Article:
Why, oh why, are we being kept waiting for an explanation, Mr Shinners?
Everywhere I go
I get slandered, libeled
I hear words I never heard in the Bible …
– Simon & Garfunkel: Keep the Customer Satisfied.
FOR WEEKS now, my fingers have been hovering over the keyboard, poised to tap out a groveling apology for my role in buggering up business at the Christian Cornerstone Café in St Neots, Cambridgeshire.
Early in January, I blogged a piece about café owner Paul Shinners based on a report that he joined a clot of Christian pastors in Uganda who used New Year’s eve, 2012, to urge the Government to get their finger out and pass what has become known as the Kill the Gays bill.
The Uganda Monitor reported:
The remarks by pastors came amidst controversies and media reports of increasing promotion of homosexuality. Rev Paul Schinners (sic) from the United Kingdom commended Uganda for the Bill, saying it was a clear stand for God. ‘There is no other nation world over that has such a plan and through this, Uganda is going to be blessed’, Rev Schinners said.
With additional input from Melanie Nathan, San Francisco-based human rights commissioner, the story took on a life of its own, and the local newspaper carried two pieces in which Shinners denied uttering those words, claimed he was not a homophobe, and – despite being a frequent flyer to Uganda to spread the “Word of God” – knew nothing of the bill.
In the latter report, Shinners said the contents of our blogs were “defamatory”, came “as a bolt from the blue” and that he:
Has written to Mr Duke and Ms Nathan demanding an apology, saying that the story was wrong and that they should have checked it with him first. From our side, the one thing we are asking for is an apology. It is the least they should be able to do. We want to be able to move on.
The accusations, said Shinners, hit Cornerstone Café hard, with staff having to shut the shop in Cambridge Street on two consecutive Saturdays because they were being subjected to abuse from people who had seen the blogs.
Some have even left permanently because of the abuse, he added, including a special needs volunteer group who ‘saw the stories and didn’t think it was the right environment’ for them.
Shinners, whose Passion for Souls group frequently travels to Rwanda, Kenya and Uganda to provide help to people in those countries, told the paper he was:
Unsure whether he will be able to return to Uganda if people interpret his actions as being supportive of anti-gay legislation.
It was bizarre and a bit like a dream. It was incredible to think that a small café in St Neots got caught up in issues in Uganda.
In a court of law, you are innocent until proven guilty. On the internet, it seems that you are guilty unless you can prove you are innocent.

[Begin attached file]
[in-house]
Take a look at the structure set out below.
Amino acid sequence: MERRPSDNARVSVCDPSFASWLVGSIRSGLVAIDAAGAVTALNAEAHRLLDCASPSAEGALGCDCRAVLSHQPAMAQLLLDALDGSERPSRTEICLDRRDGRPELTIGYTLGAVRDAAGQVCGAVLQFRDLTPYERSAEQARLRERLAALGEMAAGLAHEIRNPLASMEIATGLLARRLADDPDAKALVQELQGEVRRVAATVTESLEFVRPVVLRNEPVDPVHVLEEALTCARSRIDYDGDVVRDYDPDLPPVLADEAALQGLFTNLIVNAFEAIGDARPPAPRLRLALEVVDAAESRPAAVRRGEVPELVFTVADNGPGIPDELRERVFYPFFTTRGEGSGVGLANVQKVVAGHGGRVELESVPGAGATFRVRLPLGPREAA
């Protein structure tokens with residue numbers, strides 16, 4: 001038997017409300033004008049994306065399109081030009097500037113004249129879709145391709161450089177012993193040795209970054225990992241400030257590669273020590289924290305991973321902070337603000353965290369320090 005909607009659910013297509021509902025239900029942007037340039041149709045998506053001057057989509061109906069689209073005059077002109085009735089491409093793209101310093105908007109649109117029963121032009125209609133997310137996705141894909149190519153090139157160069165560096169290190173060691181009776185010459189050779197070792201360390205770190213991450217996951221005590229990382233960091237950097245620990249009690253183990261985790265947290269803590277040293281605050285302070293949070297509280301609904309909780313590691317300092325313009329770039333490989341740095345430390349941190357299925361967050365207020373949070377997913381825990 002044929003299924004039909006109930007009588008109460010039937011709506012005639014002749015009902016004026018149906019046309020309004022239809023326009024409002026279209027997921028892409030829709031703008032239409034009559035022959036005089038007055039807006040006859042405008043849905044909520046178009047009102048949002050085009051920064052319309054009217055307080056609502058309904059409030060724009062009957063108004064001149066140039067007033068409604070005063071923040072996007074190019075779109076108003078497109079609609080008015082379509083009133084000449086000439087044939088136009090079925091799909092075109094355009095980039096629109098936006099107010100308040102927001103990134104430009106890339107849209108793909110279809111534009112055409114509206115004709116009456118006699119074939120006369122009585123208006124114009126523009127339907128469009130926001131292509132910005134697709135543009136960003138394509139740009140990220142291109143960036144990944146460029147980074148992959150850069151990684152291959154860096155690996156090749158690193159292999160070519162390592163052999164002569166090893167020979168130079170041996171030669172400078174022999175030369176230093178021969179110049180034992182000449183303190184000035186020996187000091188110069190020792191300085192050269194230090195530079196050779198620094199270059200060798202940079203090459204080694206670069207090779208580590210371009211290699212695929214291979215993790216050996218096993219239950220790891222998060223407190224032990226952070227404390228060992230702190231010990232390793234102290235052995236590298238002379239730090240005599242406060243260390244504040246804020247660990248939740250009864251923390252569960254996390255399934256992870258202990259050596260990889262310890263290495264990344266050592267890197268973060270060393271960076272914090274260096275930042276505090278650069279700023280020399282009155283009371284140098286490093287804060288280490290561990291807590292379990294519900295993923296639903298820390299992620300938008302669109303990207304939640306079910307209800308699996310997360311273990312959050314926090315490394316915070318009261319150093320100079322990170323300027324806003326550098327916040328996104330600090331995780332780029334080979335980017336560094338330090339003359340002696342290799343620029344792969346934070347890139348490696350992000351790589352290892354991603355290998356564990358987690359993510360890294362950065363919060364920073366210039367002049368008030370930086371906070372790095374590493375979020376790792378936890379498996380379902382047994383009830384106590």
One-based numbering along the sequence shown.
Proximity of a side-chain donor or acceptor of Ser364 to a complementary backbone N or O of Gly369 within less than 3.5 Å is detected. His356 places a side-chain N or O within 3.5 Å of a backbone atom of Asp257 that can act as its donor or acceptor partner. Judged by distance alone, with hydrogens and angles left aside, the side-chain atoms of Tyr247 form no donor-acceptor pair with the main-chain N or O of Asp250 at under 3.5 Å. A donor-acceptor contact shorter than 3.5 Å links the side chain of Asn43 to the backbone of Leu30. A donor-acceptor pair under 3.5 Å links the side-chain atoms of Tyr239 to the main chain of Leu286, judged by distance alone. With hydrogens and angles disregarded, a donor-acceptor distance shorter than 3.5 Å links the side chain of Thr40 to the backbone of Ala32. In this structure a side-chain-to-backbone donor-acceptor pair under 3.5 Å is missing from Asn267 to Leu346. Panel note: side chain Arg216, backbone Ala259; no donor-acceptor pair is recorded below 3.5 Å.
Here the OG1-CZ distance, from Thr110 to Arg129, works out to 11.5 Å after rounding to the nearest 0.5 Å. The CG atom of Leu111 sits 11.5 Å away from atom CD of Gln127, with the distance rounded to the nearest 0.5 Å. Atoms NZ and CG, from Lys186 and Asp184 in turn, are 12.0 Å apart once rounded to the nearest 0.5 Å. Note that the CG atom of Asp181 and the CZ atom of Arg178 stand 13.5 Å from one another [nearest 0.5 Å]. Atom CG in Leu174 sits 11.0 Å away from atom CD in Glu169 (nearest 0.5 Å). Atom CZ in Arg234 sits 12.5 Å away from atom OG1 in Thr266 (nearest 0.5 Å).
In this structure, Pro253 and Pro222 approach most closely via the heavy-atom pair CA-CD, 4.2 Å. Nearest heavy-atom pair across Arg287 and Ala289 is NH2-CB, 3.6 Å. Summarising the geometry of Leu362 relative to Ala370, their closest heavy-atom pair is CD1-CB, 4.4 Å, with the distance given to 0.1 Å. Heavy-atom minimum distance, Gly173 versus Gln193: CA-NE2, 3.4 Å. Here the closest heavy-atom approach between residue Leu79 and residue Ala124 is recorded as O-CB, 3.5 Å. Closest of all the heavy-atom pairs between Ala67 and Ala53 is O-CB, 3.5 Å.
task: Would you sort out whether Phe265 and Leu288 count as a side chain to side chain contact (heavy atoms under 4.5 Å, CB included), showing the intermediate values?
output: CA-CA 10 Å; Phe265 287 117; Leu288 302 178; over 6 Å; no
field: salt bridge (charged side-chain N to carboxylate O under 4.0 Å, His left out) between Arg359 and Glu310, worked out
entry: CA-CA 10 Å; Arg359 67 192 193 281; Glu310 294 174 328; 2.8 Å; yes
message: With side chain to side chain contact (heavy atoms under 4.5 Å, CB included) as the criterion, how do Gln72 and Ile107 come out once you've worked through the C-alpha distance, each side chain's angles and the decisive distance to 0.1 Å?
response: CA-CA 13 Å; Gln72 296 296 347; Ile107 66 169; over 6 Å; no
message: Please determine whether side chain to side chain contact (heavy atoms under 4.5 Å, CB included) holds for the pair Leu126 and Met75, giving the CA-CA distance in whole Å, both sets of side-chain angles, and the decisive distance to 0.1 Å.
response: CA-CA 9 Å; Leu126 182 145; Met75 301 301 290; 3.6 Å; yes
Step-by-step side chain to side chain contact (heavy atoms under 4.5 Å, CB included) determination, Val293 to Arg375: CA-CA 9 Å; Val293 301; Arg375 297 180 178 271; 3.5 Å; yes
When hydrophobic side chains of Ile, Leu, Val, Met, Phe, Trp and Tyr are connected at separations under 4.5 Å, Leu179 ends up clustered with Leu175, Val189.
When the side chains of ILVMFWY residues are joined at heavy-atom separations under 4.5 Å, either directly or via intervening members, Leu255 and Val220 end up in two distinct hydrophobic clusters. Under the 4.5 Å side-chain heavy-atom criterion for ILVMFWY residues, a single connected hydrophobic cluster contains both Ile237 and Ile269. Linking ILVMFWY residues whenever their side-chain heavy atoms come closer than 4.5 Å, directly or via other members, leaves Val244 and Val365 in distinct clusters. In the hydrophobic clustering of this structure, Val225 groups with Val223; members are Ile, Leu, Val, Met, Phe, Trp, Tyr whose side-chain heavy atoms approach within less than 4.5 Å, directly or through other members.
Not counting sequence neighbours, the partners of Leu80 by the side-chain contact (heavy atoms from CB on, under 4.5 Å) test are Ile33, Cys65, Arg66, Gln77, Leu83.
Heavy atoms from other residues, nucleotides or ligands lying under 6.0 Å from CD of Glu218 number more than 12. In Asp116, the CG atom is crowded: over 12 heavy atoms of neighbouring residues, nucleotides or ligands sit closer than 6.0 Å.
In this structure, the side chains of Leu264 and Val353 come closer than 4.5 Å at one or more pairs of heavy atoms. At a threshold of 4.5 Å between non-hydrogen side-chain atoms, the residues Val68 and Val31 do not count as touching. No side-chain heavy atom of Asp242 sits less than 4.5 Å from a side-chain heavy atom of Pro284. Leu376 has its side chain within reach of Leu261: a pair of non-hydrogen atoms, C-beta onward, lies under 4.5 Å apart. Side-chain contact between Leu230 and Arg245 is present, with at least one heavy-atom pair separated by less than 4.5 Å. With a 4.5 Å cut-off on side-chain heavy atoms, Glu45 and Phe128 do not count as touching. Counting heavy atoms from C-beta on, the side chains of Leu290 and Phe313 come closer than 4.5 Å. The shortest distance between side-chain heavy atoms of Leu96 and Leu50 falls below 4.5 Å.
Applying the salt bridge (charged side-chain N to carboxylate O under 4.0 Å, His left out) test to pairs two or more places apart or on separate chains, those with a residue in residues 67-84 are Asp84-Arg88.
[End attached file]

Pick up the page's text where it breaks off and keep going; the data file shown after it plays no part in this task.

Well, for starters, I have NEVER received a demand for an apology, but I did receive a call from Andrew Papworth, of the Hunts Post, asking whether I would issue a public apology.
“Sure,” I replied, and added:
The moment I receive satisfactory proof that he was misquoted and unjustly maligned, I’d be more than happy to say sorry, and retract the reports.
But, as Nathan reported yesterday:
To date Shinners has not refuted the statement and nor has he explained it, save to say he has asserted in an email statement to me and others that he is “not homophobic” and that he does not support legislation that denigrates homosexuality.
And here’s a thing: Shinners, now engaging (sort of) with local UK blogger, Daniel Law, claimed:
Finally, It is such a shame that you did not consult with us first to help make sure the legislation is not passed in Uganda. We too are against the bill and could have used our influence to help stop it if we had known earlier.
Law has tried, unsuccessfully, to meet up with Shinners, who promised to set the record straight in a statement. As of yesterday, no such statement had been issued. After the preacher cancelled the latest scheduled meeting with Law, an exasperated Law wrote to him again, asking Shinners whether, in the absence of the promised statement, he would be prepared to answer the following “yes or no” questions:
1. Do you believe the bible is the word of God?
2. Do you believe the practice of homosexuality a sin in the eyes of God?
3. Do you believe homosexuality a choice?
4. In your opinion should homosexual couples be able to marry and adopt?
5. Have you ever heard of or met Pastor Martin Ssempa?
6. Was your salary approximately £39,000 last year?
7. Was your trip to Uganda funded by your charity?
8. Before contacting the local UK newspapers to protect your reputation, did you give ANY thought to the people IN Uganda who have seen your statements supporting the bill and make any attempt to contact THEM before or after the UK papers?
Law is still is still waiting for a reply.
Meanwhile, it is reported here that a man who is a favourite be the next Pope – Ghanaian Cardinal Peter Turkson – is an ardent supporter of anti-gay legislation in African countries.
Now that news is assuredly not “a bolt out the blue”!